I guess all this is to say that I appreciate your posts on this topic.

  2. John
    Posted June 16, 2012 at 7:03 am | Permalink

    You people are truly off on this one. Two things. Gmo corn uses many time the amount of glyphosate due to the amount of times it can be sprayed. This is a known, proven carcinogen, period. last I checked, this is still The United States and we still have a “choice” of what to eat and not eat. If you are comfortable with eating gmos, go for it. if you don’t believe the many years of research coming out INDEPENDENT labs, go for it. But give me the choice to eat it or not. That is what it is all about. Enough of this back and forth bs. We deserve the choice to eat it or not. End of story. Another note, I am a farmer and have seen many friends destroyed by the use of this product due it’s inability to adapt to various weather conditions. I have seen it first hand. Let’s stop the scientific Monsanto backed crap and just give us the CHOICE…

    Posted June 16, 2012 at 6:44 pm | Permalink
  4. Anonymous Scientist
    Posted June 17, 2012 at 11:03 am | Permalink

    Thanks, John, for your insight. I would say that Micheal Eisen’s and the Monsanto trolls’ opinions are just their own, and don’t represent ALL scientists.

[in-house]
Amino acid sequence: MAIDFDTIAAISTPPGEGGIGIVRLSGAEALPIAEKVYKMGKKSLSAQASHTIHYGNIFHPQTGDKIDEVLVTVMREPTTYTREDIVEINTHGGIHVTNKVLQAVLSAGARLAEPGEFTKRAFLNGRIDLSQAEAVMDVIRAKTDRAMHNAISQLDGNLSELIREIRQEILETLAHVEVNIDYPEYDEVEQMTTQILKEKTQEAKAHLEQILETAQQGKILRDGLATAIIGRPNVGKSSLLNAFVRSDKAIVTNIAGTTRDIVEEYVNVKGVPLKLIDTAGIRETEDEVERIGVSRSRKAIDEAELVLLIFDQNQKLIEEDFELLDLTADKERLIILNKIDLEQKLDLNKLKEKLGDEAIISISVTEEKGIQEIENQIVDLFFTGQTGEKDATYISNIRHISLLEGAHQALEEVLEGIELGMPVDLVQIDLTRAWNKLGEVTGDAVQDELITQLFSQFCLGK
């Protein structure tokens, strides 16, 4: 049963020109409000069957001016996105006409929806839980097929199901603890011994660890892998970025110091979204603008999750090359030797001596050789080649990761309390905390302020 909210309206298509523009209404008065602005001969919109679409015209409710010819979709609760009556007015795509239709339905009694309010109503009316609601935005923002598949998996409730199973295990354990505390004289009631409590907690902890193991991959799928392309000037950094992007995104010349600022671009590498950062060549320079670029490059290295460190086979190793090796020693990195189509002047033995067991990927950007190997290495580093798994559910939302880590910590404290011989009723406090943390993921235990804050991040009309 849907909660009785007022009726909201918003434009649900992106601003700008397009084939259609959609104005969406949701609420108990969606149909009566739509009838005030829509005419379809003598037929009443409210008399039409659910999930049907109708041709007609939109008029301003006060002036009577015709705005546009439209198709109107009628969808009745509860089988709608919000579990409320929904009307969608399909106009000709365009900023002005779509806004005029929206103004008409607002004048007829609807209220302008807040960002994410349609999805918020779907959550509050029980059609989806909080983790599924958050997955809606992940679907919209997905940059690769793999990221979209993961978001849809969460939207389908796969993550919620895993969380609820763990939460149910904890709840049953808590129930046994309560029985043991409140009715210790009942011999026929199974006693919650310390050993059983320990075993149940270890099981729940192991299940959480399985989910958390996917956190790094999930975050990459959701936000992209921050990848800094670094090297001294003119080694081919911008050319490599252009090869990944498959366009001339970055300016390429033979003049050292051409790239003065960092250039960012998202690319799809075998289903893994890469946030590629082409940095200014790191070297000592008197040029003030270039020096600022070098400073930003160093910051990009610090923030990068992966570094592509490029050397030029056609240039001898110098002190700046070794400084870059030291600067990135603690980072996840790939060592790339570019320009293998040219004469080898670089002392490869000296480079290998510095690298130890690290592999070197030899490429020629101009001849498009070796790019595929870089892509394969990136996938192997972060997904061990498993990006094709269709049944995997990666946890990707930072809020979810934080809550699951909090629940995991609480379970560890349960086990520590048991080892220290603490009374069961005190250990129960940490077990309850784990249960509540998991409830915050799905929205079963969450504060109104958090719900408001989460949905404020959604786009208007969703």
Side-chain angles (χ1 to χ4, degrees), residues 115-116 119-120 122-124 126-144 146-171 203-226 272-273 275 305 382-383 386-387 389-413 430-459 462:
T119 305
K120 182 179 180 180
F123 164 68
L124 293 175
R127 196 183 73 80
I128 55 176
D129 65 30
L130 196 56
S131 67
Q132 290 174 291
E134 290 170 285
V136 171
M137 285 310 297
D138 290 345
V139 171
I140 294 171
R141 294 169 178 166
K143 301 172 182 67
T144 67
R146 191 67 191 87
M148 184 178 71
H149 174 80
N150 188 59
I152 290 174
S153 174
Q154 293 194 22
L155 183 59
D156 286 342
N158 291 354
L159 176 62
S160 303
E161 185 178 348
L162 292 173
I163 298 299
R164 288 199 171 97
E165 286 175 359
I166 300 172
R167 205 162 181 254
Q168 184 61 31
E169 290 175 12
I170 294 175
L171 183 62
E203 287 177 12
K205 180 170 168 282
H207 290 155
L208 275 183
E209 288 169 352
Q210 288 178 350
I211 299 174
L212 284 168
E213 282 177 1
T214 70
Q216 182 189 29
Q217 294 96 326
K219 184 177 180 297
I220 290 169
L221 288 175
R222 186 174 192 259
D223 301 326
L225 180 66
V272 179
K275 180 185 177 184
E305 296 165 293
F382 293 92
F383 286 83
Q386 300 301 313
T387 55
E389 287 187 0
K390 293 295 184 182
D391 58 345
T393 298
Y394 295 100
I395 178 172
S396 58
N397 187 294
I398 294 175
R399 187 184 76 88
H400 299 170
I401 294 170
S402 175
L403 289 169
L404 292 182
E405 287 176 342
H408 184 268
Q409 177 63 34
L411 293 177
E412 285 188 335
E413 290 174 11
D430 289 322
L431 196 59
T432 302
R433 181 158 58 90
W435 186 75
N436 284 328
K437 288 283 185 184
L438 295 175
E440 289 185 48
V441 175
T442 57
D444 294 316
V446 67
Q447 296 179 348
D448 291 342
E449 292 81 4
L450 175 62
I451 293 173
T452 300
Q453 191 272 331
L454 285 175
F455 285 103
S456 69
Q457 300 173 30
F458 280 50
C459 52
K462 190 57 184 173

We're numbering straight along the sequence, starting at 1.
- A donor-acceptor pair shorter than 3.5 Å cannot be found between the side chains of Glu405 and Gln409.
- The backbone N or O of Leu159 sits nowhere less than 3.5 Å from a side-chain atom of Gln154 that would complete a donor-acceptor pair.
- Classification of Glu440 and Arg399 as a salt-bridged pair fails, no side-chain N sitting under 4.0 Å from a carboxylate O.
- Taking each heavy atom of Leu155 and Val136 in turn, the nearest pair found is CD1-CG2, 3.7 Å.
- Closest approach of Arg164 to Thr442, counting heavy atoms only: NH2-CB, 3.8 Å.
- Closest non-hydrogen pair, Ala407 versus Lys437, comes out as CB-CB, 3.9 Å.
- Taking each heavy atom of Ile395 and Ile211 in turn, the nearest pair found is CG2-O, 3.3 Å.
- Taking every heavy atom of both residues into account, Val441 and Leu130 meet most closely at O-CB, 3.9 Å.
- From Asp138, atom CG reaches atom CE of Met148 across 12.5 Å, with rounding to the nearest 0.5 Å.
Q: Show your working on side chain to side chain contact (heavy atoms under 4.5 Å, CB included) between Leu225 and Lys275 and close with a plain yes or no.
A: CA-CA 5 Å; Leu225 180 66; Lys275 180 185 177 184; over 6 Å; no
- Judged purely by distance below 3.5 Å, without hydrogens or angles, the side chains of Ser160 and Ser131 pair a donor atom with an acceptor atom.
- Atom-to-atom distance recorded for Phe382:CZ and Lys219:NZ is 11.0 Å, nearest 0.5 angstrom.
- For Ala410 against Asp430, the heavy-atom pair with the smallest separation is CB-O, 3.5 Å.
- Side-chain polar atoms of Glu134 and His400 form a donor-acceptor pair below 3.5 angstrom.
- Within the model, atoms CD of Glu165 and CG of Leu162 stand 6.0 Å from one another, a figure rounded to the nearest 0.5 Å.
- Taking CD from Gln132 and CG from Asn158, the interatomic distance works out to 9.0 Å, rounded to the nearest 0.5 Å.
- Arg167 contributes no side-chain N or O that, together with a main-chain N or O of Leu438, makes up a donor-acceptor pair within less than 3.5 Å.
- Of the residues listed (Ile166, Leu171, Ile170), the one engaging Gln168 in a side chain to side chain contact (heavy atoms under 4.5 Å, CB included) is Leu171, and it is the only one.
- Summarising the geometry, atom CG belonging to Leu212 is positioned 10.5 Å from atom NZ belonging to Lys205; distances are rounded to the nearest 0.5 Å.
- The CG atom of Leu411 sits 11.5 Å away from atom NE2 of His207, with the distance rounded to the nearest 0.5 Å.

5. Ewan R
    Posted June 18, 2012 at 8:17 am | Permalink

    “This is a known, proven carcinogen, period.”

    Except that it isn’t. At all.

  6. sophie
    Posted June 29, 2012 at 1:28 am | Permalink

    Dear Mr. Eisen,

    You state quite often that you do not receive any direct financial gain from the agri-busines sector or from companies like Novartis, Monsanto, Syngenta, etc. However, your university does, as does your department. (

    For someone who calls themselves a scientist and who constantly expresses their concern with science your agruments are often very similar to that of a Monsanto spokesperson. “We need to feed the world!” – one of Monsanto’s favourite slogans. The fact is, in America, where GMOs have been cultivated and commercialized the longest, 35 million people are still food insecure.

    In regards to safety and health issues, as far as I know you have never been an advisor to any government on GMO food safety issues. Or have you?

    Have you done any long term animal studies on GMO consumption? Have you seen the tests done by the industry on safety and health issues when they apply for GMO authorization? If you haven’t been invited to give your scientific advise and opinion, then you don’t know what you’re talking about. Those tests aren’t even allowed to be shown to the public, so you wouldn’t even be able to access them, not because the government doesn’t allow it, but because the companies don’t want the public to see these studies. You repeatedly state that GMOs are safe, having never seen any of these company studies. Because you haven’t, your argument is not based on all the available information.